DON’T MISS! A one-hour Bird of Prey Experience or Owl Encounter gives you the chance to handle some of these creatures. Or take a Hawk Walk through the countryside to see the birds in their natural habitat.
Morning Make tracks to The Needles (theneedles.co.uk) where many different activities await, from a ride on a chairlift down the multi-coloured sand cliffs of Alum Bay to watching how jelly babies are made in its sweet-making demonstrations and observing the glassblowers in action.
Lunch Head to West Wight Alpacas (westwightalpacas.co.uk) in Wellow where 60 alpacas, 13 llamas and other animals including donkeys cutely await your adoring gaze, or your lead — farm walks with your own alpaca start at £14 for 20 minutes, or pre-book a trek with a llama on Tennyson Trail. Stay for lunch in its on-site restaurant, The Llama Tree, for cracking wood-fired sourdough pizzas — they even do chocolate pizza, too.
Afternoon Continue the animal theme at Tapnell Farm Park (tapnellfarmpark.com; entrance from £7.95 for children), where this former diary farm has energetically transformed itself into an impressive all-weather attraction. There’s all sorts of fun to be had here, from jumping pillows and a pedal go-kart track to wallaby walkabouts and a meerkat enclosure. Or head to Brook Beach a little further along the coast for a pre-booked fossil walk to discover dinosaur footprints with a geology expert from Dinosaur Isle (dinosaurisle.com; from £4 per child).
Evening/overnight Scoff a decent burger and chips (only on Thursday, Friday and Saturday nights) at The Cow (thecowco. com) at Tapnell Farm before laying your head in one its safari tents, cabins or pods for a spot of glamping. (tapnellfarm. com; from £120). Want the real thing? Then take your own tent to Compton Farm campsite, with its spacious plots marked out in a single row along a hedge in a wildflower meadow near the Island’s most stunning beach, Compton Bay (comptonfarm.co.uk; from £9 per adult, £6.50 per child).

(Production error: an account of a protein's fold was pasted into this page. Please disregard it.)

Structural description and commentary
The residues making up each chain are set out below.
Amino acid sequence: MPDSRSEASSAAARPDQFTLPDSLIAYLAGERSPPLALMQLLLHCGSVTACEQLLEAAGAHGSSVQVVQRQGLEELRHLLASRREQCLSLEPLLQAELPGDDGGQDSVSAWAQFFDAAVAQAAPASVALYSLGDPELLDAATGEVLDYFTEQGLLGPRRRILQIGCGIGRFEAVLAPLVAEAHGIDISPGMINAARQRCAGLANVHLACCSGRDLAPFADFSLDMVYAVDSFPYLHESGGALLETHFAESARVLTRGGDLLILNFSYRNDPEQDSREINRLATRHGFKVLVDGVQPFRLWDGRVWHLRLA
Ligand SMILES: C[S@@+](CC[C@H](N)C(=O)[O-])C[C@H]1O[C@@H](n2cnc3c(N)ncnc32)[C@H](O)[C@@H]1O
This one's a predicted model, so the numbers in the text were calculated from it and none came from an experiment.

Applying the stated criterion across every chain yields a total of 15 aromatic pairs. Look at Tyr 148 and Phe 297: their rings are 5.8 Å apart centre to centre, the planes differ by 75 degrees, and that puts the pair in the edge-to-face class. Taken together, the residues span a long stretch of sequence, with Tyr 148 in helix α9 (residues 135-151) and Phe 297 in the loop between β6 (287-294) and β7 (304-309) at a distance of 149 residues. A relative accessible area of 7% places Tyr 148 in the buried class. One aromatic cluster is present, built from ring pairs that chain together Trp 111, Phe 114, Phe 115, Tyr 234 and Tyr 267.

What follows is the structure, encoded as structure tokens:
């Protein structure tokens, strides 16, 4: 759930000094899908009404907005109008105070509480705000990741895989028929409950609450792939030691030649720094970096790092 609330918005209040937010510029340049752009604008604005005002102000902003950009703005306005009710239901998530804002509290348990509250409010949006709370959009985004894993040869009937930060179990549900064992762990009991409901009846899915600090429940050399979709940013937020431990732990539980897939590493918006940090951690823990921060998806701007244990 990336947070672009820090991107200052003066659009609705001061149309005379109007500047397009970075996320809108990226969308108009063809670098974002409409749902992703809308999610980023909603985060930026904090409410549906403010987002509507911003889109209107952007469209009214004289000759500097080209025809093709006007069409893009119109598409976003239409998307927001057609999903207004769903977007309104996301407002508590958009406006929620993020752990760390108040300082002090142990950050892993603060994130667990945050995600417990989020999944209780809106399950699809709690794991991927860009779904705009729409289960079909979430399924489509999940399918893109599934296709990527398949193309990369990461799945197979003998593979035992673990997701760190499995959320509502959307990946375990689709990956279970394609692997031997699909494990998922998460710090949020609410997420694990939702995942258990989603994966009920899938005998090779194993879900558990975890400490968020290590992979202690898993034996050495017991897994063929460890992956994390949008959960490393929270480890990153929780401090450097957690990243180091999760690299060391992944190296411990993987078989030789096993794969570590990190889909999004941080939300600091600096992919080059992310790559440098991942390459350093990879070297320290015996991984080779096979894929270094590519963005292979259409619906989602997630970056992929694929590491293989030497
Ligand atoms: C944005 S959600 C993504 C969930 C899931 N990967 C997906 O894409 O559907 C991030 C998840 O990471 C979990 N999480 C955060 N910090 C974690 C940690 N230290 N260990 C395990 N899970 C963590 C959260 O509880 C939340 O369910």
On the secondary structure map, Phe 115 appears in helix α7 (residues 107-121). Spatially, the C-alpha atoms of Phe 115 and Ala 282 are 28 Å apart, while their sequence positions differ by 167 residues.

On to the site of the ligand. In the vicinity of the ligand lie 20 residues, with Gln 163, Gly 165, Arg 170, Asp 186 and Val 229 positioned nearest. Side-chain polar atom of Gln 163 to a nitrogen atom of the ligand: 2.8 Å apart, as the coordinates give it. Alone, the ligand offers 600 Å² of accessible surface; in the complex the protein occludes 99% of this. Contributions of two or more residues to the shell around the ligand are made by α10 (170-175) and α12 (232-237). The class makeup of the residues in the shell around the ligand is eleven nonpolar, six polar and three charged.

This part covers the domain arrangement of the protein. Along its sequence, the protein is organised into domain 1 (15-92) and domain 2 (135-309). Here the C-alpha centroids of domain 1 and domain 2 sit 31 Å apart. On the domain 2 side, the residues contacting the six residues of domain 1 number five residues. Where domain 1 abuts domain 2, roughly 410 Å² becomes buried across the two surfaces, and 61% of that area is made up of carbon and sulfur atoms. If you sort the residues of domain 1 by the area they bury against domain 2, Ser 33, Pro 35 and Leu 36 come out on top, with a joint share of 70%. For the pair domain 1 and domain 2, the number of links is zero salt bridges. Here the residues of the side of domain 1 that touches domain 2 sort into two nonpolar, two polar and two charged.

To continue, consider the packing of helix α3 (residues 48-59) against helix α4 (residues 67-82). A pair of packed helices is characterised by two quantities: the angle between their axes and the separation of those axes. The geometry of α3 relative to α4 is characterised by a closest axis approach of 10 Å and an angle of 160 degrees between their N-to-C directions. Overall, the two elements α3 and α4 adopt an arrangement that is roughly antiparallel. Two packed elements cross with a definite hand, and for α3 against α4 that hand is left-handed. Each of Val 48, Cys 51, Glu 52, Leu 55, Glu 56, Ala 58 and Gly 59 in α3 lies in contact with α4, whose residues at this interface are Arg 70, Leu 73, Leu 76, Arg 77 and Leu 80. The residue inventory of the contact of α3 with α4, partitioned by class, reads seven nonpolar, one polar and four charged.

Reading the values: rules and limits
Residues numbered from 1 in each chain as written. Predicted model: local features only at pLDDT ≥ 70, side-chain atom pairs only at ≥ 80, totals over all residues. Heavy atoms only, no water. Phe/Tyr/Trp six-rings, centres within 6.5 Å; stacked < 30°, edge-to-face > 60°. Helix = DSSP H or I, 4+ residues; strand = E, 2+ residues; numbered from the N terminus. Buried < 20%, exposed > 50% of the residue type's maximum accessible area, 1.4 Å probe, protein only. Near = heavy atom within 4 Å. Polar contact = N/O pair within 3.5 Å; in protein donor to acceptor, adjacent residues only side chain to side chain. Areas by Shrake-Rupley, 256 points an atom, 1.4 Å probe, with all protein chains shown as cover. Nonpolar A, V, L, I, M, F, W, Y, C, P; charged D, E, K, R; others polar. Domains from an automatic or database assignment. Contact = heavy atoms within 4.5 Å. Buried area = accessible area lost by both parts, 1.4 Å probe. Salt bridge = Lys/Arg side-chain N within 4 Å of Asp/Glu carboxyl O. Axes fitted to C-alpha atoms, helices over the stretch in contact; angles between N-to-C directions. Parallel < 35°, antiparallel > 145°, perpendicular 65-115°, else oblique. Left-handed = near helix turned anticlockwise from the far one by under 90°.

Morning Get the trouser clips on and head to Wight Cycle Hire in Yarmouth (wightcyclehire.co.uk) and grab yourselves a Dawes Tandem for £24 per half day, before making your picturesque way along the old railway path that edges the tranquil River Yar to Freshwater Bay. Head up the hill to Farringford ( farringford.co.uk), home of Victorian England’s most famous poet, Alfred, Lord Tennyson. He lived here with his wife Emily and their two sons and wrote some of his most famous poems here, including The Lady of Shalott. Ideally, pre-book the wonderfully evocative tour of the house, £11 per person. After, lock up the bike and follow Tennyson’s footsteps with a walk up on to the Down towards his eponymous monument, where you’ll find far-reaching views over the Island and beyond.
Lunch Head back the way you came to drop the bike back, just in time for lunch at Off the Rails (offtherailsyarmouth.co.uk) next door to Wight Cycle Hire. Located in the beautifully converted former Yarmouth railway station, this vibrant café restaurant serves up slick sarnies and smart plates. Finish up with a scoop or three from the Isle of Wight Ice Cream Company at The Gossip’s Café on historic Yarmouth Pier. This local landmark is the longest wooden pier in England and has recently been given a £1m makeover.